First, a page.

Technical Illusions — a company founded by engineer Jeri Ellsworth and game programmer Rick Johnson — showed off prototype versions of its CastAR augmented reality glasses at World Maker Faire 2013 in New York City. The glasses work by projecting an image onto a retroreflective surface using two micro projectors on the glasses frame. The reflective surface then bounces the image back through the glasses, giving the wearer the illusion that they’re looking at a 3D hologram. The glasses also contain an LED tracking system for accurate head tracking. Players can use an ordinary game controller or a special motion wand similar to a Wii Nunchuk (which is also currently in the prototype stage) to interact with video games or other programs designed to work with CastAR.
The CastAR augmented reality glasses have a wide range of applications in gaming, education, and professional work. In one example posed on Technical Illusions’ website, users could play a social, multiplayer table-top game like Dungeons & Dragons using a virtual map and their own, physical Miniatures that can be tracked using RFIDs or LEDs. At Maker Faire, Johnson told me about a shark researcher who is using a CastAR prototype to visualize his tracking data in a unique way. One of the demos the team has created to showcase the new system is a chess game akin to the holographic chess played in Star Wars.
The CastAR team chose to pursue augmented reality glasses rather than a virtual reality headset like the Oculus Rift out of “personal preference,” saying that virtual reality immerses players in a different, virtual world but cuts them off from the real world almost entirely. With CastAR, the team hopes to engage users in social, interactive experiences with other people in real life that are enhanced by the gaming peripheral.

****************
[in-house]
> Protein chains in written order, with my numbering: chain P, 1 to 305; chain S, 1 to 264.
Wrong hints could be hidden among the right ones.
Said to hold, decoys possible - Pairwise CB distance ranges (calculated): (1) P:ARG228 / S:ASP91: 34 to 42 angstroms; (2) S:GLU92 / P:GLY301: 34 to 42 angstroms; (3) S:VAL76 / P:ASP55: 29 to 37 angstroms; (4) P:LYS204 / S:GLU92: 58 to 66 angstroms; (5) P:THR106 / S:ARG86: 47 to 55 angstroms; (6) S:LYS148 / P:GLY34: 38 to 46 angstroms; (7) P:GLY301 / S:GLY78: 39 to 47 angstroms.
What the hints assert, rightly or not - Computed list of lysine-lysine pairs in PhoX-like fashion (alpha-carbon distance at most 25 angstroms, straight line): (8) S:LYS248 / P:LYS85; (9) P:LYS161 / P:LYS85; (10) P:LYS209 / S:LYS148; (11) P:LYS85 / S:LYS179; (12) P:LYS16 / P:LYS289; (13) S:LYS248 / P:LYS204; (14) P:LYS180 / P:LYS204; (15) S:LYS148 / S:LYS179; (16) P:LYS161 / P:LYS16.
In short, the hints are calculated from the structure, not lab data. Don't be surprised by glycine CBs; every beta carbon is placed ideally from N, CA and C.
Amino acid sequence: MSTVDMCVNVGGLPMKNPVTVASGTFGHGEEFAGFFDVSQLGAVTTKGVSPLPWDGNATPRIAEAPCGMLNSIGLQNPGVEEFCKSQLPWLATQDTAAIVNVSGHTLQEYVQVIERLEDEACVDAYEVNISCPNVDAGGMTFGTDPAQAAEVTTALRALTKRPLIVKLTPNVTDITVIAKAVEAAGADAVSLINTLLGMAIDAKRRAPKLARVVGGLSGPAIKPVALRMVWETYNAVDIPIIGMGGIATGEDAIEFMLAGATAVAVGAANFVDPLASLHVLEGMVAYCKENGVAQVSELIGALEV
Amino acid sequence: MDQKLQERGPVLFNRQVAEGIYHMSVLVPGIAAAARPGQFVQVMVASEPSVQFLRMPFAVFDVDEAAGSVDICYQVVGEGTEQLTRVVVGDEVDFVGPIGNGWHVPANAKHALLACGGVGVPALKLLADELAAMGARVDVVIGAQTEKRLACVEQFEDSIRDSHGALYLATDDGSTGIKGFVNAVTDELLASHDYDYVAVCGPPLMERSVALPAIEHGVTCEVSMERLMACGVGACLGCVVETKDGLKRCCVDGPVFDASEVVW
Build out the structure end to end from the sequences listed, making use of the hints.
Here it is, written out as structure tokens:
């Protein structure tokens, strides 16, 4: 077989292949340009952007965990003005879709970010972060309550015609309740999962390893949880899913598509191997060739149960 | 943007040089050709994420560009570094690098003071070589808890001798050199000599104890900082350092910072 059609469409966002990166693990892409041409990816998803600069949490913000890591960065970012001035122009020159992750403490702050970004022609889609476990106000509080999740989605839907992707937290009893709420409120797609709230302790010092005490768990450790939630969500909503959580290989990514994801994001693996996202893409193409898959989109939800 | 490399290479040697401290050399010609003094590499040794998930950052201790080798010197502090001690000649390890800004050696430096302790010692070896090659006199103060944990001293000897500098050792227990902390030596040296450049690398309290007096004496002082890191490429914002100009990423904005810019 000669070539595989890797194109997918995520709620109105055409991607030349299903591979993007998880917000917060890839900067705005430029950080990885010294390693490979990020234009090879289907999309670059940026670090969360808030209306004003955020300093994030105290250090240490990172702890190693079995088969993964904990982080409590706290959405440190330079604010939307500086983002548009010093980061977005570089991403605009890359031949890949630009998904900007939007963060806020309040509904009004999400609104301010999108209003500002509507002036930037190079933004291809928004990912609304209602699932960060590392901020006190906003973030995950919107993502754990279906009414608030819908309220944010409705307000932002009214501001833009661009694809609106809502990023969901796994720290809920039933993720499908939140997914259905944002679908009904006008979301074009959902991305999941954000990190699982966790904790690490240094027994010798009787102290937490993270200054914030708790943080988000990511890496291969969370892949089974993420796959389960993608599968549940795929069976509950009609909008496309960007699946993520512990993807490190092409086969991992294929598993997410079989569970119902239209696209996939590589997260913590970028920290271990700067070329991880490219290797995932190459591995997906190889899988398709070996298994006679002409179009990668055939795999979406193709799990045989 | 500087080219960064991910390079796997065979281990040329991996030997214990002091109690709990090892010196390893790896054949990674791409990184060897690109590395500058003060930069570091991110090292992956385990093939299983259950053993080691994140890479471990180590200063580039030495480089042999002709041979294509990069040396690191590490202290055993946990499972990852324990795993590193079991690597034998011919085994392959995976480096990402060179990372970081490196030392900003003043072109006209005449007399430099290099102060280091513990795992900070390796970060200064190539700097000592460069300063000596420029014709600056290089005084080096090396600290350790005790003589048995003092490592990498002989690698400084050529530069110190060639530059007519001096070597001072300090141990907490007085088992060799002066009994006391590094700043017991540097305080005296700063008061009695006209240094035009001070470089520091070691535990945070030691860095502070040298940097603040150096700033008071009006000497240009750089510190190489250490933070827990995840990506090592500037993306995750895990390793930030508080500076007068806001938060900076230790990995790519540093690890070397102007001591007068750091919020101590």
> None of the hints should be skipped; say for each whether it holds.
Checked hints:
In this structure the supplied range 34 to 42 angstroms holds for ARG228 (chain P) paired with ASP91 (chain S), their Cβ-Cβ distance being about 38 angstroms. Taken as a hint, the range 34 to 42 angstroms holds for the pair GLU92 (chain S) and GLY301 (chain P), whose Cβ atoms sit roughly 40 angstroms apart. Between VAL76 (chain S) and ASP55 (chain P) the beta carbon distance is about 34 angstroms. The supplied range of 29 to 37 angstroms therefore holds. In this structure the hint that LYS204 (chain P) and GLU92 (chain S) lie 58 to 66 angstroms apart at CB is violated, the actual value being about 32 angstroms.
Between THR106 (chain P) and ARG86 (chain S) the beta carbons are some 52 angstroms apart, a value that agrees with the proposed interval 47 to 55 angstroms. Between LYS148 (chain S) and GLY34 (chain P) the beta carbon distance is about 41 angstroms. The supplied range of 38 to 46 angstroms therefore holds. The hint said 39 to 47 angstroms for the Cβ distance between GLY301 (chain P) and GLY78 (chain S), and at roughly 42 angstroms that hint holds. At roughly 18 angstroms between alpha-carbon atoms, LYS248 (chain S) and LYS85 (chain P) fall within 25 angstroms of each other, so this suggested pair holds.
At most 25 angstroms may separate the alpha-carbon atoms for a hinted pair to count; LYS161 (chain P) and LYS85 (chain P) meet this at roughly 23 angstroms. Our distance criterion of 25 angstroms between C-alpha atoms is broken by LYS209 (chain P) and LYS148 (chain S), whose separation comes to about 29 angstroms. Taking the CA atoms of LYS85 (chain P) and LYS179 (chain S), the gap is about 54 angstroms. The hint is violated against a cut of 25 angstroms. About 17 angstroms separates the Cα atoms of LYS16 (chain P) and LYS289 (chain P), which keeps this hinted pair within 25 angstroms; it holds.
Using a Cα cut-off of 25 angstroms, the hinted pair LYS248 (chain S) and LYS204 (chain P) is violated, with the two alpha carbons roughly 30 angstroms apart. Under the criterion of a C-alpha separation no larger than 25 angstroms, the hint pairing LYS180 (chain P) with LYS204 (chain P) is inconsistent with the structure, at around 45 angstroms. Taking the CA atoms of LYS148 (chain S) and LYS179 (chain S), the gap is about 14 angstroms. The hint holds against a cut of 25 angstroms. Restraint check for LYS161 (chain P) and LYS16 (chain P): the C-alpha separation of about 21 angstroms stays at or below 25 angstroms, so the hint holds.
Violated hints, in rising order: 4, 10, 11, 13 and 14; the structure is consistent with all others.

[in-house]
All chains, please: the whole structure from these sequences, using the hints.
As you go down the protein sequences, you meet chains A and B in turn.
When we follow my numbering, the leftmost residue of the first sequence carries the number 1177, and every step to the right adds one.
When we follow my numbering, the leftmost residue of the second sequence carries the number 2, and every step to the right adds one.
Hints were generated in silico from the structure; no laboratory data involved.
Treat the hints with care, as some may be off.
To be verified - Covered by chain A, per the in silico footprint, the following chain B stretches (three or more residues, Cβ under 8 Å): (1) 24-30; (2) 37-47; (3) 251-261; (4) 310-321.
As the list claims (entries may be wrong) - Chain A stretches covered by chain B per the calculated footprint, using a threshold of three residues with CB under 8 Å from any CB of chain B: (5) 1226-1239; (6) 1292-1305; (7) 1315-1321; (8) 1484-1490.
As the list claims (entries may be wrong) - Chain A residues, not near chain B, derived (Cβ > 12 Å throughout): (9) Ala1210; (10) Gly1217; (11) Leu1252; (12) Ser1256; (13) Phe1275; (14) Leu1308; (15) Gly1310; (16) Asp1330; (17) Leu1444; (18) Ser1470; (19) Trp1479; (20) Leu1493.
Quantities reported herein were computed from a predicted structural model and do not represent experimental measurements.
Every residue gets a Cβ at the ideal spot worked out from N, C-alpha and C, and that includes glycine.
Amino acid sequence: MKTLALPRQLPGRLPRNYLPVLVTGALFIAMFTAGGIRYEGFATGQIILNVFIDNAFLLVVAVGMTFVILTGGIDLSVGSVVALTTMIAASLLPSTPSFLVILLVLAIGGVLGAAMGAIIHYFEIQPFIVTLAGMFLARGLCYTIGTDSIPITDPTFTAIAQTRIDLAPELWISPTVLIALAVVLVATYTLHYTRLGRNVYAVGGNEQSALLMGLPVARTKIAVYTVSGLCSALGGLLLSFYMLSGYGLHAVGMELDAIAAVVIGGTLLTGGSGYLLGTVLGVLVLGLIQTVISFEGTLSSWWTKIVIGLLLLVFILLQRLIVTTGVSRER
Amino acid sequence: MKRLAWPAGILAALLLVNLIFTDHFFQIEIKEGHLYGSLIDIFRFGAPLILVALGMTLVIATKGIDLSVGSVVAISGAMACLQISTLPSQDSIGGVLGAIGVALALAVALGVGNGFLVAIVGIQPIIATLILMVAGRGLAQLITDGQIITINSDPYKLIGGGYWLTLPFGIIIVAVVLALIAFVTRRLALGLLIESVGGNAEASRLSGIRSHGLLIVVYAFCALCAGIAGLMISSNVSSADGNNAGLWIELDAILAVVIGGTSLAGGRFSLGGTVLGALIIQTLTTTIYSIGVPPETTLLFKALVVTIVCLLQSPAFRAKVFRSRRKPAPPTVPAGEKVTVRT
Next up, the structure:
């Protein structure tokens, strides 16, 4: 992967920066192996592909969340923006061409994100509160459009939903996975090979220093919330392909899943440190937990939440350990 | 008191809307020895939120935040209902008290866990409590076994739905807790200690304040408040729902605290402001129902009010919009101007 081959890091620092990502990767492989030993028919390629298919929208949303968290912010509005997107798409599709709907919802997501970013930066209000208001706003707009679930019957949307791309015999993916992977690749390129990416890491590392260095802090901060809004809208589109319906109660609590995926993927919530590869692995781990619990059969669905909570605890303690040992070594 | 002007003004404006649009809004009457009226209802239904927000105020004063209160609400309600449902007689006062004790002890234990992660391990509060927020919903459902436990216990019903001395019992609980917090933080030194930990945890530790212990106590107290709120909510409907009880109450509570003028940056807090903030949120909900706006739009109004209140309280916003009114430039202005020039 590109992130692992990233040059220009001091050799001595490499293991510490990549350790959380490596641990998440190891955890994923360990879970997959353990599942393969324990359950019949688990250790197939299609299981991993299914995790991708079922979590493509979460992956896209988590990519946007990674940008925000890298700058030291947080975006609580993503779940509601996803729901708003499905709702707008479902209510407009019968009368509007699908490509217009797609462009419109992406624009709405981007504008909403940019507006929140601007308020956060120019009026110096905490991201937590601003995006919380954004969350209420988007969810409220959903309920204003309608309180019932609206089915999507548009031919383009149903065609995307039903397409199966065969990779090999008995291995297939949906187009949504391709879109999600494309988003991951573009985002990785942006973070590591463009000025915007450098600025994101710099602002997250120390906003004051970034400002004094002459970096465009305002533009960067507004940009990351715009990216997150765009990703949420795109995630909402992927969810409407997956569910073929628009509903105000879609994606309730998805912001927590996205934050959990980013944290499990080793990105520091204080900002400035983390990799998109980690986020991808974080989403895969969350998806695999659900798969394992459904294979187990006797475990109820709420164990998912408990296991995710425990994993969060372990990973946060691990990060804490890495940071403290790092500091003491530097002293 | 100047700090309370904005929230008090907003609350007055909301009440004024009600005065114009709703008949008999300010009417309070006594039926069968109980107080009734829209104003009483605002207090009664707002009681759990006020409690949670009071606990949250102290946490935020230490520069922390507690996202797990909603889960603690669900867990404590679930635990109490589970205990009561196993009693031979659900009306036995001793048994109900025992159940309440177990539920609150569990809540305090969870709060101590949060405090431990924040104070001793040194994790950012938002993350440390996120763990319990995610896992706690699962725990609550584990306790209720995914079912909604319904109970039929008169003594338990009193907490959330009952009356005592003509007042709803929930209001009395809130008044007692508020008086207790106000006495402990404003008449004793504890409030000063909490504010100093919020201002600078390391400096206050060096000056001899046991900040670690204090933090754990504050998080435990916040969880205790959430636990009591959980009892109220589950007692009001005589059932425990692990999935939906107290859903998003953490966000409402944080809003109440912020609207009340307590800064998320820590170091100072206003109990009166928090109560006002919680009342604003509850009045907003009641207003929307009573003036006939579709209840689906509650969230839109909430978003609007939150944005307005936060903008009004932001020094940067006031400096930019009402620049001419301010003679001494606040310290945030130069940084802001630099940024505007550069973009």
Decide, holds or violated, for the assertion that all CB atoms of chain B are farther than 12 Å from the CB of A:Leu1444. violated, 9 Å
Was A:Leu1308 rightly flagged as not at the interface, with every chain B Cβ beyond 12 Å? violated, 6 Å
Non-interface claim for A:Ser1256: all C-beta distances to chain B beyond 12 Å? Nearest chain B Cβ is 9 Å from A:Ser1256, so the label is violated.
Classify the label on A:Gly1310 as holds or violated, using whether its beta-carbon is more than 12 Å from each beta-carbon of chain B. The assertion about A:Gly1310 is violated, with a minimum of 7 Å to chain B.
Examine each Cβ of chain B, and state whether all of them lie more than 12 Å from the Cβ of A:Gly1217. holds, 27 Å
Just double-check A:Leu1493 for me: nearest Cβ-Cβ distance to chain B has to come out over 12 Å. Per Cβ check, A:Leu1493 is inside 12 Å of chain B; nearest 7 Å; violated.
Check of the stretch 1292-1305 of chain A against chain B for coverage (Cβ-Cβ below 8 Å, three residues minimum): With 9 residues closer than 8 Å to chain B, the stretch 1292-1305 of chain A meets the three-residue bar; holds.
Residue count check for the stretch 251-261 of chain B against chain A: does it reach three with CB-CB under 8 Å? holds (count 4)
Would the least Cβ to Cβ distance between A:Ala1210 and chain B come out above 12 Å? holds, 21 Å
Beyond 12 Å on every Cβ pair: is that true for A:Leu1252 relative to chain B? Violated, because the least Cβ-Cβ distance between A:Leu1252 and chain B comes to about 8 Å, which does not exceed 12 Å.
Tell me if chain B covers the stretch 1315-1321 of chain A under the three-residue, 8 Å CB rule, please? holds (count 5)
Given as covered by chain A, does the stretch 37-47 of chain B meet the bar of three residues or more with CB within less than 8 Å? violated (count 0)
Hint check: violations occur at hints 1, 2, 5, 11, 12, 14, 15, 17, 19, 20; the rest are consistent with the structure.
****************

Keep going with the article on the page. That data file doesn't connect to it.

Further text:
I had the opportunity to test out the CastAR prototype at World Maker Faire 2013 in New York City with two different demos — a Jenga-like simulation that involved knocking blocks over using the prototype USB wand and AngryBots, a top-down third person shooter demo for Unity played with a standard Xbox controller. The CastAR prototype glasses fit easily over my prescription glasses, adding only a little additional weight (about 350grams) to the bridge of my nose, and the heat from the FPGA emulator chip sitting atop the frames was noticeable, but not uncomfortable. To an onlooker, the projection from the glasses onto the retroreflective surface appears very dim, but the 640×480 resolution image was clear and bright when viewed through the CastAR glasses. Though it was initially disorienting to have the entire game move as I turned my head to look around the environment, I didn’t experience any motion sickness (which I’ve had problems with during demos of the Oculus Rift virtual reality headset). The demos shown at Maker Faire didn’t fully show off CastAR’s myriad uses, but the product is still in the early stages of development and shows a lot of potential as a unique gaming peripheral. In an email, Ellsworth said that Technical Illusions plans for the final production units of the CastAR glasses to weigh less than 100 grams (closer to the weight of ordinary sunglasses), produce much less heat, and project a 720p image to both eyes.
Technical Illusions has plans to launch a Kickstarter campaign to fund further development of CastAR in mid-October, and will be bundling the CastAR glasses, a USB wand, a retroreflective mat, and the SDK for Windows and Android as backer rewards. The team plans to add support for iOS and Linux in the future.